St Colman’s Community College Midleton Win National Award

By Seamus Whelehan

Kieran Flood, Coordinator, Irish Wildlife Trust with Minister for Culture, Heritage and the Gaeltacht, Josepha Madigan, T.D. and Proinsias Ó Tuama St. Colman's Community College, with students Nicholas Leahy and Shane Bakx with Eamonn O’Reilly, Dublin Port Company at yesterday's Irish Wildlife Trust award ceremony in Dublin.

“Never doubt that a small group of thoughtful, committed citizens can change the world; indeed, it’s the only thing that ever has.” - American anthropologist Margaret Meade.

This is the attitude that has netted St Coleman’s Community College Midleton the Irish wildlife Biodiversity School of the year award.

In its first year the national award recognises groups and individuals who champion the importance of preserving the environment.

Speaking to the East Cork Journal teacher Proinsias O’Tuama said “the award has sown the seeds of a real sense of responsibility for the future, one the teenagers can bring with them into adulthood. Challenging the students to keep the environment that they live in, healthier, cleaner, promoting social responsibility.”

With an awakened environmental consciousness the group of students together with teachers Mr O’Tuama and Margaret O’Connell arrived at the ceremony in Dublin yesterday in a Toyota Hybrid supplied by Lehane Motors on the airport road, to keep their carbon footprint low.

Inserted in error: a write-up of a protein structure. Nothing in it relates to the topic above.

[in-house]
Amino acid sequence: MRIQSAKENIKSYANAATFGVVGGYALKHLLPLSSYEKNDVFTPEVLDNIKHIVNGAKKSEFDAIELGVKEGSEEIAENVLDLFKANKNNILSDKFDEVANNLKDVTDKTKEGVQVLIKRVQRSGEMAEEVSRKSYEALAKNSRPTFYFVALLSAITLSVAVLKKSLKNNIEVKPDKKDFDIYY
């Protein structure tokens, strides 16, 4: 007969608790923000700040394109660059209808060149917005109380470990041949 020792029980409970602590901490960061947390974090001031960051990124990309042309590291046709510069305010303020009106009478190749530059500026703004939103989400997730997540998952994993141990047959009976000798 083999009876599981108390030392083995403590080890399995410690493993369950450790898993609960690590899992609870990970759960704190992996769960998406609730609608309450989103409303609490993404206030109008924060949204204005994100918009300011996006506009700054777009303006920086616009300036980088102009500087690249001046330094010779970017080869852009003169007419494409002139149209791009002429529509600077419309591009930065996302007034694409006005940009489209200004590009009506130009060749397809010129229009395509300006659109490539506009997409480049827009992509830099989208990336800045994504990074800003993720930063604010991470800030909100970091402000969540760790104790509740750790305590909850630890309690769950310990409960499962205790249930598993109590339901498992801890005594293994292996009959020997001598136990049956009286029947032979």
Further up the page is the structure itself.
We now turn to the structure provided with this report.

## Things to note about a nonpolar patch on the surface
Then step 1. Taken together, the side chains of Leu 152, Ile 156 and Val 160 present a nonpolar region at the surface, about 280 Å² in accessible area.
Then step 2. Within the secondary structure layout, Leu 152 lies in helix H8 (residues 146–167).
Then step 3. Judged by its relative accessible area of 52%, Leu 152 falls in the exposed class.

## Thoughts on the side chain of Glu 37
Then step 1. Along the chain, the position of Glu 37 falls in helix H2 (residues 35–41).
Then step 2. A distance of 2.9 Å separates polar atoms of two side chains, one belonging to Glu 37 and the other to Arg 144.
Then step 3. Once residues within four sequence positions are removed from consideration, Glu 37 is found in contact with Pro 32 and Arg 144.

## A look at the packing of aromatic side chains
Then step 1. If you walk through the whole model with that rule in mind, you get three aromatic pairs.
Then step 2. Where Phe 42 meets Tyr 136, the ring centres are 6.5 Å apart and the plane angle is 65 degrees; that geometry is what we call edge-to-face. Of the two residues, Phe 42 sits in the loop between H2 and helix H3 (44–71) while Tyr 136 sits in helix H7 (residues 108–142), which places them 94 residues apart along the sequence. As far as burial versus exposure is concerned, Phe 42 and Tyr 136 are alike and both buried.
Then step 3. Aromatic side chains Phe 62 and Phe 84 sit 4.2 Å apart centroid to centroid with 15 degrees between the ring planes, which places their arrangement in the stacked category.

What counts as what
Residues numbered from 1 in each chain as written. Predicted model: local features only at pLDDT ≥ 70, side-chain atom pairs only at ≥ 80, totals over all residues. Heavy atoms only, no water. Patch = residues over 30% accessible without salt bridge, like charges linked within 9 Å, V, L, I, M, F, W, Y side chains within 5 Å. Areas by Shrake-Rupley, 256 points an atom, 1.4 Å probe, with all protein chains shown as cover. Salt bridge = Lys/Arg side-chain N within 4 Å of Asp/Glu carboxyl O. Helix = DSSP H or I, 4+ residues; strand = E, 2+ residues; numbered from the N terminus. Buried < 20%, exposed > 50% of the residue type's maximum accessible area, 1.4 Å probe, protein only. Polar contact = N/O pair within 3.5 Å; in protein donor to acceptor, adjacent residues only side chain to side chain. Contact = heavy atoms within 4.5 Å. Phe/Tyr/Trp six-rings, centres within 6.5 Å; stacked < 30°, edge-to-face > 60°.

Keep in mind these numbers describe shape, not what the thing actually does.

Through a series of small actions the entire school community have helped to create an impact on how we view our environment.

The youth environmental activists have helped clean up their community and fight the plastic pollution crisis through weekly beach cleans.

Lobbied the EU and Irish Government to do more to tackle climate change by encouraging them to develop evidence based legislation, created owl and swift breading boxes, planted trees and wildflower meadows and highlighted the need for pollinators in food production.

The plight of the honey bee is a major cause for concern among Irish bee keepers with a 50% decline in the bee population reported since the 1980’s.

Ireland has 98 species of bee, the honey bee and 97 wild bee species, 3 are in danger of extinction with a further 2 classed as vulnerable.

The Black Bee (Apis Mellifera Mellifera) Irelands only native species is among the number at risk.

The populations decline has been linked to loss of habitat, pesticides, pollution, invasive species, pathogens and climate change.

It is predicted that we have little over a decade to make changes that could affect climate change.

The world’s leading climate change experts say we have just 12 years to keep global warming at a maximum of 1.5C.   At just half a degree beyond this the risk of drought, flooding, extreme heat and poverty for millions worsens.

St Colman’s Community College are also the Taisce Ocean Heroes for 2015, 2016, 2017 and 2018.